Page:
"A supporter who loves his team, it's in victory but also in defeat," said Ali, who works in deliveries for a multinational firm.
Millions of Lebanese have emigrated to Brazil since the end of the 19th century -- including the family of Brazilian President Michel Temer -- ensuring enduring support when it comes to football.
Haydar Baddar, 38, installed a projector on his doorstep, which attracted dozens of fans for the tie with Belgium.
Many in the male-majority crowd donned Brazil's yellow jersey for the occasion, while families watched from their balconies as the sound of drums and vuvuzelas filled the narrow street.
"Here in our part of town we see Brazil, the neighbourhoods and the streets of Brazil, and it's like our home," said Baddar, a shop owner with a neatly trimmed black beard.
In Beirut's southern neighbourhoods, "children play ball on the street. There's no football ground -- when the evening comes, you see them playing everywhere," he added.
Brazil's defeat by Belgium brings tears to the crowd, met with mocking wails from some women at the end of the street. Baddar opts for firing his pistol into the air.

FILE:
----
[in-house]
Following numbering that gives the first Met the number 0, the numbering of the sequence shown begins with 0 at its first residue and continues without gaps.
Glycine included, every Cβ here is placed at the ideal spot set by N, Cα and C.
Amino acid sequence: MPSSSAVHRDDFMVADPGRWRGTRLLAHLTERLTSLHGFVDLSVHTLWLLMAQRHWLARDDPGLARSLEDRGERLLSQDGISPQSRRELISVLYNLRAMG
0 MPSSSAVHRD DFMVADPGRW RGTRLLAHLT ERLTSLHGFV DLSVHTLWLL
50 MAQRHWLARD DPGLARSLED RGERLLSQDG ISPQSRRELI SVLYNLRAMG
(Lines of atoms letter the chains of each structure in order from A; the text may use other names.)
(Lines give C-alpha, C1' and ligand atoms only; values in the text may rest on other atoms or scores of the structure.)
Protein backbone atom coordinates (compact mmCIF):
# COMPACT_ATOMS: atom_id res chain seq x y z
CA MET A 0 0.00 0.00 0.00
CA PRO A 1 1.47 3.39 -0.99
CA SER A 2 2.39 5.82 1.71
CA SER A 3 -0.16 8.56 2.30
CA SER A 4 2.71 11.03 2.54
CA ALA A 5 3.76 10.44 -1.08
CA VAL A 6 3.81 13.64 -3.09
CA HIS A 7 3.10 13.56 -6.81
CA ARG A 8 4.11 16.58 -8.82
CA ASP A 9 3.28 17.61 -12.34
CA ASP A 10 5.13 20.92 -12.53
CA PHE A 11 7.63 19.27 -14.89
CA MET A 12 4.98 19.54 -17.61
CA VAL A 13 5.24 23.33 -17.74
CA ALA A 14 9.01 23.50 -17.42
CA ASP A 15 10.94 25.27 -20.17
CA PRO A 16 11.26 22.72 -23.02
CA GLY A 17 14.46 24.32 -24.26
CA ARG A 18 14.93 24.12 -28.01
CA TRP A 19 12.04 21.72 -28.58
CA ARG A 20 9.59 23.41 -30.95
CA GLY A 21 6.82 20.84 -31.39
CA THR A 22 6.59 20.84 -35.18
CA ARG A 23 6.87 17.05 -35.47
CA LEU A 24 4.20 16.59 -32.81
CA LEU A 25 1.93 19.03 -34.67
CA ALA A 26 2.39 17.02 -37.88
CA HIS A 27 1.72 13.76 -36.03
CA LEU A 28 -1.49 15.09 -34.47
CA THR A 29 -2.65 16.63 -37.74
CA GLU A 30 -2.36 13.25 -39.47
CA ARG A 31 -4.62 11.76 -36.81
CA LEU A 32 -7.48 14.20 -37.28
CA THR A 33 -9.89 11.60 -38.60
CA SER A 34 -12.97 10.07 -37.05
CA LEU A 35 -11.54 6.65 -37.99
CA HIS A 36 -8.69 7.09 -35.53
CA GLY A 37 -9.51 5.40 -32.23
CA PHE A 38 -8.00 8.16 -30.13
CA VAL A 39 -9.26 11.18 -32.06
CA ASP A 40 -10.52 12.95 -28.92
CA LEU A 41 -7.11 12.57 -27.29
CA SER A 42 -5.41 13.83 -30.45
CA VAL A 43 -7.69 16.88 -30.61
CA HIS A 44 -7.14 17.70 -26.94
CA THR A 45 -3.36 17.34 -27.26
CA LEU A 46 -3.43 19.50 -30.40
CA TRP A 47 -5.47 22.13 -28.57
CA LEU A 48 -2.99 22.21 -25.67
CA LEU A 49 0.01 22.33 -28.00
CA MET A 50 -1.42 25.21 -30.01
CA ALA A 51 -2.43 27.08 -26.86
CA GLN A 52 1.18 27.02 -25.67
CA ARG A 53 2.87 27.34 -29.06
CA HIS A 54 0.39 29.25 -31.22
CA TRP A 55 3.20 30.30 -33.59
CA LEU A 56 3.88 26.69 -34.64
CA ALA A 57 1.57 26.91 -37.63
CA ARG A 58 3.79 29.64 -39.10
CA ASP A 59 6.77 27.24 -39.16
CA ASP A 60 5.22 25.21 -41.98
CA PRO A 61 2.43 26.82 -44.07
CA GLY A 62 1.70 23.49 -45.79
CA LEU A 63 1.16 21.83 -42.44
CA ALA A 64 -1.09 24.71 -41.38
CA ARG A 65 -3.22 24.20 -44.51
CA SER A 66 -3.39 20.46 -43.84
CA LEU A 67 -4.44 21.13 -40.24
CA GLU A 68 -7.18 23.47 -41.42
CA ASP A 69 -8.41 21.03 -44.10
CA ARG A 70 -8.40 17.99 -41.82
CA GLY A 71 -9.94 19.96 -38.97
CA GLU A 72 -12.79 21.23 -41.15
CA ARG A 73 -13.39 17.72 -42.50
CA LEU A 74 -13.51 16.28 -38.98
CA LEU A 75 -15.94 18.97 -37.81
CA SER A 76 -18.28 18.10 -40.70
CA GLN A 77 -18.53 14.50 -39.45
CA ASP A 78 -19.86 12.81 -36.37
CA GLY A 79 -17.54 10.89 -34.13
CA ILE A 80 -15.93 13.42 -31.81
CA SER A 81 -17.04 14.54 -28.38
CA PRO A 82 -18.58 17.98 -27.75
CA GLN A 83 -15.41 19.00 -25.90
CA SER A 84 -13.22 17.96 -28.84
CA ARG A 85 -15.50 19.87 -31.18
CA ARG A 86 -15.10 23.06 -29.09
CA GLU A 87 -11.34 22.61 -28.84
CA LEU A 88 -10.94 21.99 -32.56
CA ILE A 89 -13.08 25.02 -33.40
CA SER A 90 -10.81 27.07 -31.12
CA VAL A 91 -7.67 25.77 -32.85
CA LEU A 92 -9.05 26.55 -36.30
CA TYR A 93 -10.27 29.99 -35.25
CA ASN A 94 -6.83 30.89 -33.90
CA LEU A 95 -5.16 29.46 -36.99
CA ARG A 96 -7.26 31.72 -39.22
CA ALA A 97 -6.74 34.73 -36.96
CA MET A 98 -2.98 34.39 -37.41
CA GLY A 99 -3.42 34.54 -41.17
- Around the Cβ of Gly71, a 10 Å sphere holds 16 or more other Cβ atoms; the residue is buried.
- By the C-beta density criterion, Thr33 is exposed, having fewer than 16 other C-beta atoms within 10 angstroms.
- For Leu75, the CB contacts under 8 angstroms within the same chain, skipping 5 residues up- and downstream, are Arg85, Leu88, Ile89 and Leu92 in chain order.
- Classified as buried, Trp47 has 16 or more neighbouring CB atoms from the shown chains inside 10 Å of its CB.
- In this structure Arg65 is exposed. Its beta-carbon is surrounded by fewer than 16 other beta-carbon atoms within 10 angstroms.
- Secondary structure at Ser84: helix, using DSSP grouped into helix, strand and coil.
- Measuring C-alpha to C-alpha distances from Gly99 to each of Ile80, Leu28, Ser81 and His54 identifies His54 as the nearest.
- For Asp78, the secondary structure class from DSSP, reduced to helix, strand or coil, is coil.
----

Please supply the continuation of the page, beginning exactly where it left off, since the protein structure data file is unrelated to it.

With residents enduring economic woes, inadequate public services and widespread social inequality, football is a welcome distraction from daily hardships.
"We're in a country where the situation is bad. This neighbourhood is very poor," said unemployed Hussein Mohamed.
"Football makes you forget. When you're suffocating, you go to the stadium and you forget," said the 25-year-old, who explained he dropped out of school because of his obsession with football.
Mohamed rallied the neighbourhood's youth into hanging Brazilian flags along the multitude of electricity cables that fill the street.
The result is an explosion of colour, with the distinctive blue, yellow and green banner eclipsing the drab concrete buildings.
"There are more than a thousand... It's Sao Paulo," boasted Mohamed.
(This story has not been edited by Business Standard staff and is auto-generated from a syndicated feed.)